Top 10 Christmas Traditions from Around the World

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As the festive season approaches, there’s a universal excitement that envelops the world. Christmas, a celebration steeped in tradition, varies intriguingly from one country to another. While some customs have spread far and wide, others remain unique to their place of origin, telling tales of history, culture, and shared experiences. The holiday season offers a glimpse into the diverse ways people revel in joy and togetherness. This list explores the Top 10 Christmas Traditions from Around the World, showcasing the rich tapestry of rituals that make the season truly magical. From the enchanting lights of the Philippines to the heartwarming feasts of Italy, let’s embark on a Yuletide journey that spans continents and cultures.

1. The Philippines: Giant Lantern Festival

The Philippines: Giant Lantern Festival

The Giant Lantern Festival, or ‘Ligligan Parul,’ illuminates the city of San Fernando, the “Christmas Capital of the Philippines.” Artisans compete to build the most elaborate lantern, originally crafted from simple materials and now featuring electric bulbs that dazzle in kaleidoscopic patterns. The festival, held on the Saturday before Christmas Eve, is a spectacle of light symbolizing the Star of Bethlehem.

2. Sweden: Saint Lucia’s Day

Sweden: Saint Lucia's Day

In Sweden, the 13th of December marks Saint Lucia’s Day, a celebration of light during the dark Scandinavian winter. Girls don white gowns with red sashes and a crown of candles to portray Lucia, bringing sweet saffron buns to their families, a gesture that honours the saint’s bringing of food to Christians hiding in catacombs.

3. Germany: Advent Wreaths

Germany: Advent Wreaths

Germans begin celebrating Christmas four Sundays before December 25th with Advent wreaths. These wreaths hold four candles, each lit on consecutive Sundays leading up to Christmas. This tradition symbolizes the light and warmth of the season, bringing families together in anticipation.

4. Iceland: The Yule Lads

Iceland: The Yule Lads

In the 13 days leading up to Christmas, Icelandic children enjoy visits from the 13 Yule Lads. These mischievous characters, stemming from Icelandic folklore, leave gifts for good children and potatoes for the naughty ones. Each Lad has his own personality and name, like Spoon-Licker and Door-Slammer.

5. Japan: Kentucky Fried Christmas

Japan: Kentucky Fried Christmas

Christmas is not a national holiday in Japan, but a unique tradition has emerged: eating KFC. It started from a successful marketing campaign in the 1970s and has become a festive custom. Families order their “Christmas Chicken” months in advance to enjoy on Christmas Eve.

6. Norway: Hiding the Brooms

Norway: Hiding the Brooms

Norwegians have a unique tradition of hiding their brooms on Christmas Eve. It’s an ancient belief that witches and evil spirits come out on this night, so hiding brooms, which they could potentially steal for flying, is considered prudent to protect households.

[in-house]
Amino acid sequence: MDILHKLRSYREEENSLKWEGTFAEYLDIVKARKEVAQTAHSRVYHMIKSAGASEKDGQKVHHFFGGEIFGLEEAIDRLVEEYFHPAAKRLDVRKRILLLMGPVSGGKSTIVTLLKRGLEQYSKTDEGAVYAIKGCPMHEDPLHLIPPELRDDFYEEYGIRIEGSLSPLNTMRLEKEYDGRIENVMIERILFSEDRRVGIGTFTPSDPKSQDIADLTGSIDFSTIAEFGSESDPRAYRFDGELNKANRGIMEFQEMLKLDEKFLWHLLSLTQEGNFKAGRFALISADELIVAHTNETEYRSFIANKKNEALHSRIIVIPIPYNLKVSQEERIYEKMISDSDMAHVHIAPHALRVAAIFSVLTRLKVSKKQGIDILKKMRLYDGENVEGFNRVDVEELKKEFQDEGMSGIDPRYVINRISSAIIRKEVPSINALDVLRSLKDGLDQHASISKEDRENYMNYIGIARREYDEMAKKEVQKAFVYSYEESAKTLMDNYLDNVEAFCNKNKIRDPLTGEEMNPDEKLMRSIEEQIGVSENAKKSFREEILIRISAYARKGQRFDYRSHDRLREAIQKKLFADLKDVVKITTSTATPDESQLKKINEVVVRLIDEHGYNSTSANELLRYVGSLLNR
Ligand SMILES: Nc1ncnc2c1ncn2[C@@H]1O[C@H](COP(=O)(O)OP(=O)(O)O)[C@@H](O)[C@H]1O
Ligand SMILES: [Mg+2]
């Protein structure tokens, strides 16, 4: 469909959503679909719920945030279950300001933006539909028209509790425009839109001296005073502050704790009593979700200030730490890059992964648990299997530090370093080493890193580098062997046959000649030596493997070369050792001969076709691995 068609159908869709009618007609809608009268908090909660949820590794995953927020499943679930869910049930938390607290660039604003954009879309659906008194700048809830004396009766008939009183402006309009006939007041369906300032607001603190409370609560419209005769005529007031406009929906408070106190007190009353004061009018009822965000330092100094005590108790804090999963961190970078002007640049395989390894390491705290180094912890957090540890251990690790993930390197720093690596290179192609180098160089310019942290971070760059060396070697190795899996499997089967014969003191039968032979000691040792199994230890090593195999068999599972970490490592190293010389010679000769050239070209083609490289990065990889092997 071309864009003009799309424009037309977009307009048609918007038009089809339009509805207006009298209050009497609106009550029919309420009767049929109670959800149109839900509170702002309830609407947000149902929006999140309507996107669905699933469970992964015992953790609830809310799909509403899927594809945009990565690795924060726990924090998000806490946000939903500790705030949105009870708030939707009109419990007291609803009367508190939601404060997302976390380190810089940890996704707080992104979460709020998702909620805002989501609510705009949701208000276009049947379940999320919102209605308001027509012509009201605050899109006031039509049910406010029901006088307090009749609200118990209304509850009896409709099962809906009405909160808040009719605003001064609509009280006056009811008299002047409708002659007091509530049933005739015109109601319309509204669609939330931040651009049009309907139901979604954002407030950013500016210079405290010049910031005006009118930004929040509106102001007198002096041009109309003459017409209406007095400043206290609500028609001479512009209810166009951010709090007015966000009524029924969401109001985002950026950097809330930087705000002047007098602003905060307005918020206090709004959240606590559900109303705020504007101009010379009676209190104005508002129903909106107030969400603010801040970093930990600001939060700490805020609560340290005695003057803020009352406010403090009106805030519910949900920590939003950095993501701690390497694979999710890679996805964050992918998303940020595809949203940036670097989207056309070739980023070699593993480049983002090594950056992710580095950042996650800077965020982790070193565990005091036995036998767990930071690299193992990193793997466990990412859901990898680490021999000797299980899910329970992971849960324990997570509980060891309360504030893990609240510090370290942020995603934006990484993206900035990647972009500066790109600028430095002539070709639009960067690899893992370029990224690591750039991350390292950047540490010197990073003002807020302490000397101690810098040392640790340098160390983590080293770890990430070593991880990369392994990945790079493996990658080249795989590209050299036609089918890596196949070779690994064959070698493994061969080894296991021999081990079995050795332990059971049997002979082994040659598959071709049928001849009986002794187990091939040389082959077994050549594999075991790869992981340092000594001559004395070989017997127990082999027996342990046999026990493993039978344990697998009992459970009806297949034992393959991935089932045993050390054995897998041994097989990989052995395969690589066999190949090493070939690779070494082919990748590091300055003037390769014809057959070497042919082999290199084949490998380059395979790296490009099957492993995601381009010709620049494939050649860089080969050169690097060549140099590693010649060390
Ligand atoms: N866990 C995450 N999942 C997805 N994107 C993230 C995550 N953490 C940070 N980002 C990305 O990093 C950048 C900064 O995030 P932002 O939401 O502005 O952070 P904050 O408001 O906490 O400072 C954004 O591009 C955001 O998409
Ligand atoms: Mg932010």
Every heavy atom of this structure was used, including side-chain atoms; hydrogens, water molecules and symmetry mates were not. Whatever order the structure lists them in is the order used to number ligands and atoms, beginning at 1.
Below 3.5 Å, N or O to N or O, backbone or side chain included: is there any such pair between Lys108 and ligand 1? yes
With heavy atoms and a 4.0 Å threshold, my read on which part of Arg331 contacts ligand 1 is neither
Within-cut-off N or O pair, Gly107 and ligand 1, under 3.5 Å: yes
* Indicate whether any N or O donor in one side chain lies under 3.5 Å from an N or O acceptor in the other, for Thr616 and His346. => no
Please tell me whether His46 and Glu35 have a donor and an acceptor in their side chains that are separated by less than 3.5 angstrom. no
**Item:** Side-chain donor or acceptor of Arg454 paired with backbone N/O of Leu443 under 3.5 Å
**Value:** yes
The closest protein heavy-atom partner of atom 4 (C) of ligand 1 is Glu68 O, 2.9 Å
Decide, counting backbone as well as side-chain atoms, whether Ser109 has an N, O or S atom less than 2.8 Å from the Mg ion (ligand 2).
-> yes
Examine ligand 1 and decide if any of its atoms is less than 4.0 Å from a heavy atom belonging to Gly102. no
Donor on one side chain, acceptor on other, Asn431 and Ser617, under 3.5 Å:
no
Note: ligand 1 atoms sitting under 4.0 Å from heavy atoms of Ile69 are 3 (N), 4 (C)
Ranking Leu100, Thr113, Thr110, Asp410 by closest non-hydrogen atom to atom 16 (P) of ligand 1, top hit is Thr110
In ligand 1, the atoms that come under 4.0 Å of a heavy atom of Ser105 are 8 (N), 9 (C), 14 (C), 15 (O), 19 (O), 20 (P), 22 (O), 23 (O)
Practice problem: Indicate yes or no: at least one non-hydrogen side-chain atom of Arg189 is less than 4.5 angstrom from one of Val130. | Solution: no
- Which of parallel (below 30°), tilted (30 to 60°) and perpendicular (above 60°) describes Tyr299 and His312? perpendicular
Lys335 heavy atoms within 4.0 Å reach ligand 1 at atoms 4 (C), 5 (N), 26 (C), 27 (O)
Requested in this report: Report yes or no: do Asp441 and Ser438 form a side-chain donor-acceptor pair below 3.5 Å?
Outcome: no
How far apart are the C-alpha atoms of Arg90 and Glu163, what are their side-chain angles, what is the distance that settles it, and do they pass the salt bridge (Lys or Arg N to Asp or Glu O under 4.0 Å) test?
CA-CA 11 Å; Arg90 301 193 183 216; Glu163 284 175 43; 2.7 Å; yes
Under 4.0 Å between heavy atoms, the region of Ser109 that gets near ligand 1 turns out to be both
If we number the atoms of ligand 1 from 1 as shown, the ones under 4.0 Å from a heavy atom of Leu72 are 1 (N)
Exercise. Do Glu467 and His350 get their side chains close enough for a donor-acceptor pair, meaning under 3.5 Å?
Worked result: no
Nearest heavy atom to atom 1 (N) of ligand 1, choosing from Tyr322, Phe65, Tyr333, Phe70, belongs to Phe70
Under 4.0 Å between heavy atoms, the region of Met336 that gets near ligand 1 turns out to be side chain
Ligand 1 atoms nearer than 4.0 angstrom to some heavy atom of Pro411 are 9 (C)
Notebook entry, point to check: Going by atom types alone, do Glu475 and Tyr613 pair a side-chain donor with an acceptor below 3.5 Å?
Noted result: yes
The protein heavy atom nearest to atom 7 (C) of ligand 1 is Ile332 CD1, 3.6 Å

7. Ukraine: Spider Webs on the Christmas Tree

Ukraine: Spider Webs on the Christmas Tree

Ukrainians adorn their Christmas trees with artificial spider webs, a practice rooted in an old folktale. The story tells of a poor widow who couldn’t afford to decorate her tree and woke up on Christmas morning to find spiders had spun beautiful webs that turned to gold and silver in the sunlight, bringing good fortune.

8. Venezuela: Roller Skating to Mass

Venezuela: Roller Skating to Mass

In Caracas, it’s customary for the faithful to roller skate to early morning Christmas Mass. This unique tradition is so popular that roads across the city are closed to cars to allow people to skate safely. After Mass, everyone enjoys togetherness with traditional foods and drinks.

9. Italy: Feast of the Seven Fishes

Italy: Feast of the Seven Fishes

Italians celebrate ‘La Vigilia,’ or Christmas Eve, with a banquet known as the Feast of the Seven Fishes. This tradition, stemming from the Roman Catholic practice of abstaining from meat on the eve of a feast day, involves a series of seafood dishes that can range from seven to more than ten.

10. Austria: Krampus

Austria: Krampus

In stark contrast to the jolly St. Nicholas, Austria has Krampus, a horned figure that punishes naughty children during the Christmas season. Krampusnacht, celebrated on December 5th, is when Krampus roam the streets, and festivities include young men dressing up as Krampus to scare children and adults alike.

Christmas around the world is a mosaic of customs and rituals, each with its own story and significance. From the light-laden celebrations in the Philippines to the unusual yet heartwarming Kentucky Fried feast in Japan, these traditions underline the different facets of the Christmas spirit and the universal themes of joy, family, and community. It’s fascinating to see how various cultures interpret the essence of this holiday in ways that resonate with their historical and cultural narratives.

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We’ve reached the end of our Top 10 countdown, and we’d love to hear from you! Do you agree with our choices, or is there something we missed that you feel deserves a spot on this list? Let’s start a conversation – comment below with your thoughts and ideas. Your input might just influence our next Top 10!

If you like this, you might also enjoy exploring Where are the best cultural festivals held globally?

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